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27
Apr
2018
Horseweed causing problems in some areas
Author: Tom Barber, Extension Weed Scientist

By Tom Barber, Extension Weed Scientist

Horseweed (marestail) has always been an issue at spring burndown prior to planting.  In the early 2000’s, it became a much bigger problem in the Southern US by developing resistance to glyphosate (Roundup).  Horseweed can germinate and grow in a wide range of temperatures; it commonly emerges in the fall months as well as the spring months and depending on environmental conditions could germinate 10 months out of the year.  Optimum high and low temperatures for horseweed germination are 75oF and 52oF, respectively.  With that in mind considering the fluctuation of temperatures we have recently experienced in Arkansas, it is understandable why we are seeing another flush of horseweed after the initial burndown applications.  On a side note, this is also the reason that we recommend residuals with the early burndown applications to keep horseweed populations under control until planting.  The majority of calls over this last week have been dealing with recommendations for horseweed control, with the number one question being “what can I spray and plant immediately?”

Unfortunately most of these calls and pictures indicate that the horseweed we are dealing with in southern Arkansas is 6-12 inches tall, similar to the ones on the right.  First of all it is very hard to kill larger horseweed with anything short of a disk.  So tillage has been my number one recommendation this week.  This is not a popular recommendation because most growers want to plant as soon as the fields dry.  Usually on large horseweed, we will end up spending a bunch of money for 60% control.

In Soybean: With the current restriction on dicamba applications, Gramoxone (paraquat) 48oz plus 5oz of Verdict and 6oz of metribuzin is probably the best chance of taking out a majority of these horseweed escapes.  Liberty (glufosinate) 40oz will have some activity but will work much better when temperatures climb into the 80’s.  So if temperatures climb to 80’s next week (crossing the fingers) then swapping out Gramoxone for Liberty would probably be the best option.  I just think it is too cool right now to rely on Liberty for horseweed control.   If horseweed populations persist after planting and soybean emergence, Firstrate at 0.6oz/A or two shots at 0.3oz per acre will provide additional control.  There are some preemerge products such as Surveil (Valor + Firstrate) that will provide additional control if used at planting.  If PPO-resistant pigweed is an issue, residuals such as metribuzin or Zidua should be added to Surveil for additional pigweed control.  Once temperatures increase Liberty in LibertyLink soybean is another good option POST.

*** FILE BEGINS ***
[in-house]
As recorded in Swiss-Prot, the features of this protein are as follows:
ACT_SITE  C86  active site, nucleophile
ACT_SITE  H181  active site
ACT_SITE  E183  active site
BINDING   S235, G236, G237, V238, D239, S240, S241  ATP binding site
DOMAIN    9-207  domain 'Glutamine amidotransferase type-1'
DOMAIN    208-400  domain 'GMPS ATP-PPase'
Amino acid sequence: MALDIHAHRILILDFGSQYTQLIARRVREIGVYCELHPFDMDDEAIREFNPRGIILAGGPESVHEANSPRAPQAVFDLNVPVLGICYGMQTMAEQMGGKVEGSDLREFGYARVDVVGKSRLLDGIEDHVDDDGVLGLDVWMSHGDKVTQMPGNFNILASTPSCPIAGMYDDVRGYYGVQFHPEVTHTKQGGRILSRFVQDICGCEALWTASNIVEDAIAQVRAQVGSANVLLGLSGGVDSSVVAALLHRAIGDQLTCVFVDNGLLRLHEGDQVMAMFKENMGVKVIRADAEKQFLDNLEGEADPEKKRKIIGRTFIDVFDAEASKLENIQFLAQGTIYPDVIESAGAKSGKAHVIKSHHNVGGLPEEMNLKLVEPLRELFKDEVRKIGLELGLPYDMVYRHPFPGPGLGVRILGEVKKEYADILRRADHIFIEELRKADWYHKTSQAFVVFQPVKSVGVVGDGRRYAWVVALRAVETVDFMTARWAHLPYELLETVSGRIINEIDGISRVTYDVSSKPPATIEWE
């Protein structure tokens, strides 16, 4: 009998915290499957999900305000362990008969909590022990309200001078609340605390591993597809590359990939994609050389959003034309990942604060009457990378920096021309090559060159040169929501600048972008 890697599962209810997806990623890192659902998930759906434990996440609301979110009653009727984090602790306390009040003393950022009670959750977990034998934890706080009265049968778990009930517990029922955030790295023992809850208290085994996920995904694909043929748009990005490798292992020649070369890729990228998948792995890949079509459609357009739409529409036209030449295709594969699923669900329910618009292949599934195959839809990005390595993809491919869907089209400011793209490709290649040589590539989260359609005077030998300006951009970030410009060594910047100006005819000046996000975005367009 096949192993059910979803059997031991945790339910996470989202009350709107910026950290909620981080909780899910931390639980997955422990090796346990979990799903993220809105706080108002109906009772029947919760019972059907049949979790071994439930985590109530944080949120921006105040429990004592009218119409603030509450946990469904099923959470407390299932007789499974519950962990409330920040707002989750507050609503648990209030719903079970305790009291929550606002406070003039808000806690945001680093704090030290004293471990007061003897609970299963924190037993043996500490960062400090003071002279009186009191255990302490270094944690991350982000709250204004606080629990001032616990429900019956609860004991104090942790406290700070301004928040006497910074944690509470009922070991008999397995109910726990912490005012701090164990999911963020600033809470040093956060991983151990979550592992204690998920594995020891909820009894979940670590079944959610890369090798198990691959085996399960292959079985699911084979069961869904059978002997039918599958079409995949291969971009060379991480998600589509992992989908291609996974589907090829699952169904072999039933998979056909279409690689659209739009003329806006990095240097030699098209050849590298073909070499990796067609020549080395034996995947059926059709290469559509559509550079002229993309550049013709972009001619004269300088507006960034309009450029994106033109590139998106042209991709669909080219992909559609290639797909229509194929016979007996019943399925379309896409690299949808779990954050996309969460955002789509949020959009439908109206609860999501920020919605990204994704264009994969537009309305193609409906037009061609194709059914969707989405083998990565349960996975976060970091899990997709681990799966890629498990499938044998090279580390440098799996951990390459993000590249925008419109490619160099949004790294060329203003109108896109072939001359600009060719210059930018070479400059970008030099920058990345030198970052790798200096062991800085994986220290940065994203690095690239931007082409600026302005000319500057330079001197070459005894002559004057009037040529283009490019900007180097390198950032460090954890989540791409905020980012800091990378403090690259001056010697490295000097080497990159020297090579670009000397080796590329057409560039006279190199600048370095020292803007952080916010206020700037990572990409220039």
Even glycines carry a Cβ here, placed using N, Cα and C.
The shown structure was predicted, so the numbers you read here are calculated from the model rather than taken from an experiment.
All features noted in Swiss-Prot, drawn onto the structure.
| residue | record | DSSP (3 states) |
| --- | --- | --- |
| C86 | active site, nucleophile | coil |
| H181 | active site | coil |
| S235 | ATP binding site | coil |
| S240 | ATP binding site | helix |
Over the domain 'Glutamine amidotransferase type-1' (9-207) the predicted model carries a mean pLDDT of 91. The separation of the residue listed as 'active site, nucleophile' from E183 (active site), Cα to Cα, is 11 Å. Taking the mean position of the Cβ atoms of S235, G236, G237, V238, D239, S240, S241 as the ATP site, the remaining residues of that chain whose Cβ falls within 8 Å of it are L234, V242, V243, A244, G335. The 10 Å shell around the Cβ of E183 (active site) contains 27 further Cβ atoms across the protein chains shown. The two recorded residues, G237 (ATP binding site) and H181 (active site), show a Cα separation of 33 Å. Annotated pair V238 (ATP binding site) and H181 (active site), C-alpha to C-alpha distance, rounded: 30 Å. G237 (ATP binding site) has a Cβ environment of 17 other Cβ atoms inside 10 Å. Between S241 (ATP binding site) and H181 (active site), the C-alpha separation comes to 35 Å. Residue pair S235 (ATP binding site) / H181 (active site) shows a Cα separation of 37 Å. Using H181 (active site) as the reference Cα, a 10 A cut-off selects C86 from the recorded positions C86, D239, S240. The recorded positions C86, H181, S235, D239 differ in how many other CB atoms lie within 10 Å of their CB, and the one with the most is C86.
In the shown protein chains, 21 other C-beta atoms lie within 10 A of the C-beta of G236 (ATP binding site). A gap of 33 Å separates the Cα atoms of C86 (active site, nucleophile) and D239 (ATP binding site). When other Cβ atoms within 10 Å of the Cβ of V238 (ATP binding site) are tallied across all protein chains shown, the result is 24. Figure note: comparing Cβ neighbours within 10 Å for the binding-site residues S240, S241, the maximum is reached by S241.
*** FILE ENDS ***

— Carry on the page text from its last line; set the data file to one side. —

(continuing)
In Cotton: Again considering the current restrictions on dicamba, Gramoxone plus one of the PSII inhibitors such as Caparol, Cotoran or Diuron is most likely the best option on horseweed with these cooler temperatures other than a disk.  Liberty in most varieties will be the only option early POST until the cotton reaches 5 true leaves, then Envoke can be used.  Envoke has really good activity on horseweed but cotton injury can be more severe if sprayed prior to the 5-leaf stage. If Enlist cotton is planted, Enlist Duo or Enlist One will also provide good control.

In Corn:  If not emerged, 10-12oz of Verdict with either Roundup or Gramoxone is a good option. It works better in corn than soybeans because of the increased rate allowed.  If corn is up it becomes a little more difficult.  This is generally the time where I would recommend 8-10oz dicamba to the POST mix of atrazine plus Capreno, Halex etc.  Since that is no longer an option, adding Liberty (glufosinate) to the POST mix is probably the best option in a LibertyLink hybrid.  If hybrid is not Liberty Link, then the options become limited to the standard HPPD plus atrazine mix POST.  Another option in corn is the addition of 16 oz/A 2,4-D to the above mentioned products, but the ability to use this herbicide is dependent upon where you farm within the state.

In any crop, it is important to remove these horseweed populations if at all possible. Horseweed is allelopathic to most crops grown in Arkansas and if left uncontrolled the first 8 weeks can cause significant yield losses.  So if the field is covered from one end to the other with >6 inch horseweed, it will most likely be cheaper to run the disk and delay planting than to blow the budget for 60% control which could result in lower yields.


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